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Ghana Lawmaker Criticized for Adultery Punishment Comments

  • Peter Clottey

Map of Ghana, Africa

Map of Ghana, Africa

Women’s and civil society groups are criticizing a member of Ghana's parliament for calling for women who commit adultery to be stoned or hanged.

Nelson Abudu Baani defended the comments he made during a debate in parliament. He challenged his critics to come up with opposing arguments instead of attacking him for what he described as exercising his freedom of expression as enshrined in the constitution.

Local media quoted Baani as saying “All the women are against me, lambasting me on other radio stations, but why are they afraid of this thing? Why are they afraid that if you cheat on your husband you should be stoned to death, why are they afraid? I just want punishment for women who will be adulterous.”

Abigail Edem Hunu, communication and advocacy officer for Women in Law and Development in Africa (WILDAF), criticized Baani.

“We are condemning the statement that he made. The statement that he made was really unfortunate for a member of parliament. It’s backward and a serious affront to gender equality, women’s rights and must be condemned by all who care about human rights. His views are inimical to the standards and values of a modern rights-respecting nation like Ghana,” she said.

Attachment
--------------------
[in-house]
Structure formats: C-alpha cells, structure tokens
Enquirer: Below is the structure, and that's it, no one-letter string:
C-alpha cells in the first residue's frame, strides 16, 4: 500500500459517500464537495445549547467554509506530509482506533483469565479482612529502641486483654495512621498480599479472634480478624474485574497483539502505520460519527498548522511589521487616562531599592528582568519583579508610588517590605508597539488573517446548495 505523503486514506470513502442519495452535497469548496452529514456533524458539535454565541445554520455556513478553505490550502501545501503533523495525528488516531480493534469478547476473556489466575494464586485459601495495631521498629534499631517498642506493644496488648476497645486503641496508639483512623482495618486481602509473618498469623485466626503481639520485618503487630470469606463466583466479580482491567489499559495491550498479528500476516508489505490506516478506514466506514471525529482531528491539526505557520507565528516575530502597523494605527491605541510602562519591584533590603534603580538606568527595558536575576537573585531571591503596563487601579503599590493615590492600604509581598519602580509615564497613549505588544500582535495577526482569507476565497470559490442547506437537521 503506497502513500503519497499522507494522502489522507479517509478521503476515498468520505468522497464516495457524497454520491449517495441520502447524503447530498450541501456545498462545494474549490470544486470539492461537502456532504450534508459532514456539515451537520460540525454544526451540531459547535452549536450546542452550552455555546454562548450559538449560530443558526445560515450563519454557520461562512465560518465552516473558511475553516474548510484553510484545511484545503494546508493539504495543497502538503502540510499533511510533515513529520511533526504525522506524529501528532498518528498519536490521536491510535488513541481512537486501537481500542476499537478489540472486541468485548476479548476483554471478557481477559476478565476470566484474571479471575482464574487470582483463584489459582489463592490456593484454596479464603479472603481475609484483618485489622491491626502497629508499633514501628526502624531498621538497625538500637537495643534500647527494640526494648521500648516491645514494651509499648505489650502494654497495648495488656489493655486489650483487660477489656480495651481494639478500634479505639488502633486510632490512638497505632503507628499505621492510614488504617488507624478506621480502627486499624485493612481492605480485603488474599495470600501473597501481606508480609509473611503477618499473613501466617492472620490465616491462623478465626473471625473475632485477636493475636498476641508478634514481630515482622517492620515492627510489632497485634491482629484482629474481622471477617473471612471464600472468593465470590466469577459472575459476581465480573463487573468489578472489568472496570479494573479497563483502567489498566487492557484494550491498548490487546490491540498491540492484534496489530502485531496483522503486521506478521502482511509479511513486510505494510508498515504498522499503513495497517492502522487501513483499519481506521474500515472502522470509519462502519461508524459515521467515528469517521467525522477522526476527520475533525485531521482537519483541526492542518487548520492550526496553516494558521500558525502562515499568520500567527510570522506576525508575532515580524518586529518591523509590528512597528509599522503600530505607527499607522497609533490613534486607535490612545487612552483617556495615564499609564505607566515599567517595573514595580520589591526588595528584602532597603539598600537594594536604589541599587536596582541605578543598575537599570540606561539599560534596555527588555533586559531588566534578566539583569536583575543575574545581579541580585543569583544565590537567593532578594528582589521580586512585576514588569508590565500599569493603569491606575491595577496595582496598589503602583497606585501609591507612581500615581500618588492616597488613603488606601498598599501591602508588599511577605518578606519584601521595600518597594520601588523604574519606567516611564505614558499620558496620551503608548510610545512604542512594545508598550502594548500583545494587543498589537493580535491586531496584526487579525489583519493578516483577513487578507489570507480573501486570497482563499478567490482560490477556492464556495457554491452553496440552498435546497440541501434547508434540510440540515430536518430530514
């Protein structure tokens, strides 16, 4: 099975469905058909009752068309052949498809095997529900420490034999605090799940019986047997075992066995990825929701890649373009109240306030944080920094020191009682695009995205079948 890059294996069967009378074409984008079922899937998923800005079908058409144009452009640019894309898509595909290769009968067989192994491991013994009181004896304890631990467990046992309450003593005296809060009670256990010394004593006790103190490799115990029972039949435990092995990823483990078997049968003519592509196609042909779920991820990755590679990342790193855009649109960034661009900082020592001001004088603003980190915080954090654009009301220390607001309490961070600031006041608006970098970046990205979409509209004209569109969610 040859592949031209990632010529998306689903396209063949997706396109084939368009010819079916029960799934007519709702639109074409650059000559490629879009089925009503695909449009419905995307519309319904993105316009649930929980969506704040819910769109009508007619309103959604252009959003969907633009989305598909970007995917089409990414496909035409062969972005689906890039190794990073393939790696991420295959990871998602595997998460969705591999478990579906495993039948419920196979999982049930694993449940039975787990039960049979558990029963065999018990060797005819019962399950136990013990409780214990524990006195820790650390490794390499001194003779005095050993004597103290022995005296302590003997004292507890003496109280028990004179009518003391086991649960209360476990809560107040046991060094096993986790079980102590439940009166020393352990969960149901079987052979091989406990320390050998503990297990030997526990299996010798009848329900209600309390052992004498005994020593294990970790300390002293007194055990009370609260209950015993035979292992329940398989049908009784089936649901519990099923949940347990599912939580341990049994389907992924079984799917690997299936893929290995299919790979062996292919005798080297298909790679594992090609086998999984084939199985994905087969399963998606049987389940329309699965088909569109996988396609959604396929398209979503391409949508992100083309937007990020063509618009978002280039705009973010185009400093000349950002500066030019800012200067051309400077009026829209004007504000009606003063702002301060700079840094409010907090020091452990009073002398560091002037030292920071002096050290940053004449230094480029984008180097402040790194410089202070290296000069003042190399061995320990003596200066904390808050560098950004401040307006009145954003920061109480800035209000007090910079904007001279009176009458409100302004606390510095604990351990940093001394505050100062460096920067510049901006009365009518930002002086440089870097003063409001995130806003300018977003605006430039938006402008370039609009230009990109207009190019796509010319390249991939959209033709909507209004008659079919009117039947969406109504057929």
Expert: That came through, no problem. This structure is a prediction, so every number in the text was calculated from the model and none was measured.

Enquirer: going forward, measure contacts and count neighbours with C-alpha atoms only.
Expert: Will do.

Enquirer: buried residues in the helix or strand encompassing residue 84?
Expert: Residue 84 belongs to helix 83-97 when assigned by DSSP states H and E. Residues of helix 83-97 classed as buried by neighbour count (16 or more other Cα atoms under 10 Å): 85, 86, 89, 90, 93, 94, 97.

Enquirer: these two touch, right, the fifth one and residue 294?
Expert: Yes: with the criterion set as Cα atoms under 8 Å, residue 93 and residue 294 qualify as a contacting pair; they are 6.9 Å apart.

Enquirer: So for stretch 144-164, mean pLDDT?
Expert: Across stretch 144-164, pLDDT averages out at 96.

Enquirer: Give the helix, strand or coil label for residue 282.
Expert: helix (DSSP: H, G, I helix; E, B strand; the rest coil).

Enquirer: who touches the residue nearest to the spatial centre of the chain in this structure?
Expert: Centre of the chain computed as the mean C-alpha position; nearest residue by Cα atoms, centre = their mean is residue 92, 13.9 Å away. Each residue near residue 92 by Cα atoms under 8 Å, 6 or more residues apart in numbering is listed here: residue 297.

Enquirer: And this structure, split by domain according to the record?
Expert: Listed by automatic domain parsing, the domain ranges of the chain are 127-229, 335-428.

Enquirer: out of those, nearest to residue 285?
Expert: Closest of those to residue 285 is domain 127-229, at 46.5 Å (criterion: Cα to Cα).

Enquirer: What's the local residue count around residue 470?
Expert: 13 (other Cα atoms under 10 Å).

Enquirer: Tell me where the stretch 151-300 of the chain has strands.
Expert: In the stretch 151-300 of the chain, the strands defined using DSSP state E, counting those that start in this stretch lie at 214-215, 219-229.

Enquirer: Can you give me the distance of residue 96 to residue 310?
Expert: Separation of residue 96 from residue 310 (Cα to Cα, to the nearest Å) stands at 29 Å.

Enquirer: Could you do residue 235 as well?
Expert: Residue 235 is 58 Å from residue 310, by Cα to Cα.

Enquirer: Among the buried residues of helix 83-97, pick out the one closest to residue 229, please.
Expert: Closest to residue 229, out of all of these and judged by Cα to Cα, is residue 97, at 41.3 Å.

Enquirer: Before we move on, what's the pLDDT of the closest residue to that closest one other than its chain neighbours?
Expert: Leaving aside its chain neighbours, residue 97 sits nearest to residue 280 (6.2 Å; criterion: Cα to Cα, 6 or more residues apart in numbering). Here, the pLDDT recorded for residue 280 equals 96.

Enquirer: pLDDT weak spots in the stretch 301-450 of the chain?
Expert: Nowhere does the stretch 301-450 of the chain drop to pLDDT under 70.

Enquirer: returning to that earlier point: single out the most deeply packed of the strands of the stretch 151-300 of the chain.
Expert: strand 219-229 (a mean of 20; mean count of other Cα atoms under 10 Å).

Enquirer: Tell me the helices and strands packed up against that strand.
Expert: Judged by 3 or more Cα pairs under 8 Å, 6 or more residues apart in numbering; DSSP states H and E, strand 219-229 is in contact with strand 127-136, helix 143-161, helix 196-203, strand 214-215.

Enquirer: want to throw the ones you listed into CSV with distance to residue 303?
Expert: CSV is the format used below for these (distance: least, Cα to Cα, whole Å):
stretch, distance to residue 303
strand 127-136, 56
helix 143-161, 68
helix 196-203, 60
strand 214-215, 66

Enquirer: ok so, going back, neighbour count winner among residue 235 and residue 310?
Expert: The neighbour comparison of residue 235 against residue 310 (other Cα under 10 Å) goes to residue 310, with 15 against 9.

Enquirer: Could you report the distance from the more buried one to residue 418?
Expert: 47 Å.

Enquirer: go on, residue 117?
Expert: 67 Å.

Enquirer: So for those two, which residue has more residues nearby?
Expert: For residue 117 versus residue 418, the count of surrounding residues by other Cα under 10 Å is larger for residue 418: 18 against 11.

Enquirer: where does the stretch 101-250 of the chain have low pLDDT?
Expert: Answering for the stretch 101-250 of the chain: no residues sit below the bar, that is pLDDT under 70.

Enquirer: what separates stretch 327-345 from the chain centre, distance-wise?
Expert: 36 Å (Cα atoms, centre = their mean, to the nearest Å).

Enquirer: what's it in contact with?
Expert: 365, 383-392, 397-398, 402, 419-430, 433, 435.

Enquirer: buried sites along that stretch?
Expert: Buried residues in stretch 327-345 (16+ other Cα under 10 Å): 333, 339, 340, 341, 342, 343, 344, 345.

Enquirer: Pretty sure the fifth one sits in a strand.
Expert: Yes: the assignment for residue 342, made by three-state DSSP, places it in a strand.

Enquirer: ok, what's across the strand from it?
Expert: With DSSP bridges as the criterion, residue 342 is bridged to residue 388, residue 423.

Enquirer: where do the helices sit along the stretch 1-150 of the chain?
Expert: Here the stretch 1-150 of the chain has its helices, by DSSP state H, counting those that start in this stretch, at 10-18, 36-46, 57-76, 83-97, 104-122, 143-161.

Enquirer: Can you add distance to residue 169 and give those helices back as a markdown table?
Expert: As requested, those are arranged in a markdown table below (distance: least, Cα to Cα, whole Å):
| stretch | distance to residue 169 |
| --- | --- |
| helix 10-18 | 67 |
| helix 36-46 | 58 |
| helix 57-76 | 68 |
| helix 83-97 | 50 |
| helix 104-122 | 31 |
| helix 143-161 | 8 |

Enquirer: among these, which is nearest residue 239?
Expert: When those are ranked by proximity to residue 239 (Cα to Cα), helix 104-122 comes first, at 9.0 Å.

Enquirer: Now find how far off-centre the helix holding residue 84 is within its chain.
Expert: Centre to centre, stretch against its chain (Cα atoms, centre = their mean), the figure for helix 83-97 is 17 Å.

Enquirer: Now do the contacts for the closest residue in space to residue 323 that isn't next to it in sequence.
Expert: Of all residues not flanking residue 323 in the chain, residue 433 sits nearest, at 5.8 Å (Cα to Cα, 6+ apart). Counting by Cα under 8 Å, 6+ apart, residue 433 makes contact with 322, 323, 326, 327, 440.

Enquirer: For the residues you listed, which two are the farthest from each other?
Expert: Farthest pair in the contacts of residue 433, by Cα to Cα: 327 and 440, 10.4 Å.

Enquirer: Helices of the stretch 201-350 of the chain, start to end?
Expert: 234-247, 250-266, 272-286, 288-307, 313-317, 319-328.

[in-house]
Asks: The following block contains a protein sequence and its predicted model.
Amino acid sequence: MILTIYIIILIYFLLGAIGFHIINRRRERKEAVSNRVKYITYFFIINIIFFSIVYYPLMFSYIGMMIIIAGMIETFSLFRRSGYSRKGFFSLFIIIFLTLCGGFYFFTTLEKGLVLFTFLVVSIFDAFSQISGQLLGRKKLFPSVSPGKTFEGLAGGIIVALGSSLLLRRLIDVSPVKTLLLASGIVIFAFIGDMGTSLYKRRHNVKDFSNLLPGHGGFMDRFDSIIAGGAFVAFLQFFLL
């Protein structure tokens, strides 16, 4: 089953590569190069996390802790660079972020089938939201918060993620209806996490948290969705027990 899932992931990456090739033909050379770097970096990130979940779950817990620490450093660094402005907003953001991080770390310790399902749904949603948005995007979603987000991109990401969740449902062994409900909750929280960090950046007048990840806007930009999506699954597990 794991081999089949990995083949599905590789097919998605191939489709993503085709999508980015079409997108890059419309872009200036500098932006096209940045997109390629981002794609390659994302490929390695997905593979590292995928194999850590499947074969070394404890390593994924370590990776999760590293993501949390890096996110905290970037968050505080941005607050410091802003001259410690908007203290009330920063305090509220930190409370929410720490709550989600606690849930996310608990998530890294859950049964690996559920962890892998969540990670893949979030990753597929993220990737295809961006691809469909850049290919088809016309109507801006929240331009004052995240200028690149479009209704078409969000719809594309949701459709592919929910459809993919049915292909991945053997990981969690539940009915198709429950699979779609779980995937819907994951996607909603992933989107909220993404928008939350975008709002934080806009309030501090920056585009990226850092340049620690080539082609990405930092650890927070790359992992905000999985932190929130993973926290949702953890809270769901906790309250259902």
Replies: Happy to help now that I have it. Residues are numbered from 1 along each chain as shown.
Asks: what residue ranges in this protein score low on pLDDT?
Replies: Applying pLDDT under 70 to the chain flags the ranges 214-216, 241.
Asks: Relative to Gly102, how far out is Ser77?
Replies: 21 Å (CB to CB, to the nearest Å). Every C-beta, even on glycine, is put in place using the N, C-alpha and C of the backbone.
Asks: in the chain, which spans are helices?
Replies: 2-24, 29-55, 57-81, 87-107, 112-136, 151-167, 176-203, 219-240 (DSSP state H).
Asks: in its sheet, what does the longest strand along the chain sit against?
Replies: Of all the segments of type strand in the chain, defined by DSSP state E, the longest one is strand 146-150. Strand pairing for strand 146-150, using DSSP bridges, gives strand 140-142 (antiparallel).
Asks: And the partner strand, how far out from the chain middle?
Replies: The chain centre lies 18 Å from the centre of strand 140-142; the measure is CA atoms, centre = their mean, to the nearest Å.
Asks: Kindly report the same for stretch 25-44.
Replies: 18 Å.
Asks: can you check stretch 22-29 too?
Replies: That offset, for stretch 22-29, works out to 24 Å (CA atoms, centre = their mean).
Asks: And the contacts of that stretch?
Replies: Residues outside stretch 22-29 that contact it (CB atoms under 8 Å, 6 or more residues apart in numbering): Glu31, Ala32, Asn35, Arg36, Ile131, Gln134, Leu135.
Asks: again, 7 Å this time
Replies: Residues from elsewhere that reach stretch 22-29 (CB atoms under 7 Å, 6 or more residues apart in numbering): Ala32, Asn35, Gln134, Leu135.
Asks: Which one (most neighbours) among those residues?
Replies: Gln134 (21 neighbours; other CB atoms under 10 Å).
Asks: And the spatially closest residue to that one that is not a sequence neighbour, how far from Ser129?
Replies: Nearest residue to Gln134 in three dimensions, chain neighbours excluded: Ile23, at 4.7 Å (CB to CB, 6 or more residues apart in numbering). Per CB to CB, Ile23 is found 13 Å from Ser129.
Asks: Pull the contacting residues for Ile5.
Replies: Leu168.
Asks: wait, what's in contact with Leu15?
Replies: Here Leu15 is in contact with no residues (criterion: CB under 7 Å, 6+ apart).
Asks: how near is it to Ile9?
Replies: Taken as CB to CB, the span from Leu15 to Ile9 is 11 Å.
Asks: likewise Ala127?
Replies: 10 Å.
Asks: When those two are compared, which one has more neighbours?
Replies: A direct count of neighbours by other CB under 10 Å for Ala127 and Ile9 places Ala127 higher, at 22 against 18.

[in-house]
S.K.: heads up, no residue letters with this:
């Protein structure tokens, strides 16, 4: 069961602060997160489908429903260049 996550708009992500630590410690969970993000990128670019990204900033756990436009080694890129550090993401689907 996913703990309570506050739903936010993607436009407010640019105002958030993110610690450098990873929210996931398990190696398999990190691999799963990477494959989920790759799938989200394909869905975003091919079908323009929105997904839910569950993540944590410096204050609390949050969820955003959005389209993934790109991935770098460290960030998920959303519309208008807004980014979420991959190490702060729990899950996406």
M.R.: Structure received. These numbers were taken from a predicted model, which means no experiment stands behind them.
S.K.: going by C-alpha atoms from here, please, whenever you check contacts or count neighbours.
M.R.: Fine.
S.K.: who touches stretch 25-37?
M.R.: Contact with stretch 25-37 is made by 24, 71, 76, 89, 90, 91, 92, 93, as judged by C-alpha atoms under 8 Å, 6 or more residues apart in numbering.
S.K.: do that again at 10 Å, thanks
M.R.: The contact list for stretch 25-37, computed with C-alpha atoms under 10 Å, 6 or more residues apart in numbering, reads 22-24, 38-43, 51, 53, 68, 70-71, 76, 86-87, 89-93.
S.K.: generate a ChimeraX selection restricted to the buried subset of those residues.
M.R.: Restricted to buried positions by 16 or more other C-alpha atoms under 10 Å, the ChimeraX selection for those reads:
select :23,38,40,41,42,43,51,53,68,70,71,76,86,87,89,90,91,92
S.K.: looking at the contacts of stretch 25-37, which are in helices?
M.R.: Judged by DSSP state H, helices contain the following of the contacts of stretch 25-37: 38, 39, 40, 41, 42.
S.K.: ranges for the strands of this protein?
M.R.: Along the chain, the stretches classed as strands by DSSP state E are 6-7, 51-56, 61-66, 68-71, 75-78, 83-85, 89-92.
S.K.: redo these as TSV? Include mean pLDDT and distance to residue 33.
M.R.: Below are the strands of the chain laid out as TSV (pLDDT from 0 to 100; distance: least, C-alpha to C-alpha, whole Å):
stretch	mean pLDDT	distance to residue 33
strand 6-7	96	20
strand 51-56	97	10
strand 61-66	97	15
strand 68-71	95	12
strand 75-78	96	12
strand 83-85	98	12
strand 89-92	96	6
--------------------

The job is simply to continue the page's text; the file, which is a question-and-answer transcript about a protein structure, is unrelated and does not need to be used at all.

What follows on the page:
Hunu went on to say the lawmaker's comments are inappropriate in any parliamentary discourse.

“He is entitled to that, but not on the floor of parliament. When having drinks and having those kinds of conversation that is fine. He represents thousands of people, women inclusive in parliament, so we are expecting him to make a more rights recognizing comments on the floor of parliament. That’s all that we are saying,” said Hunu.

Hunu said as signatory to international treaties to uphold human and women’s rights, it is inappropriate for a member of parliament to make comments that undermine the country’s commitment to those accords.

Supporters of Baani maintain he is entitled to his opinion. They warn that some groups could use the growing controversy to raise funds locally and internationally.”

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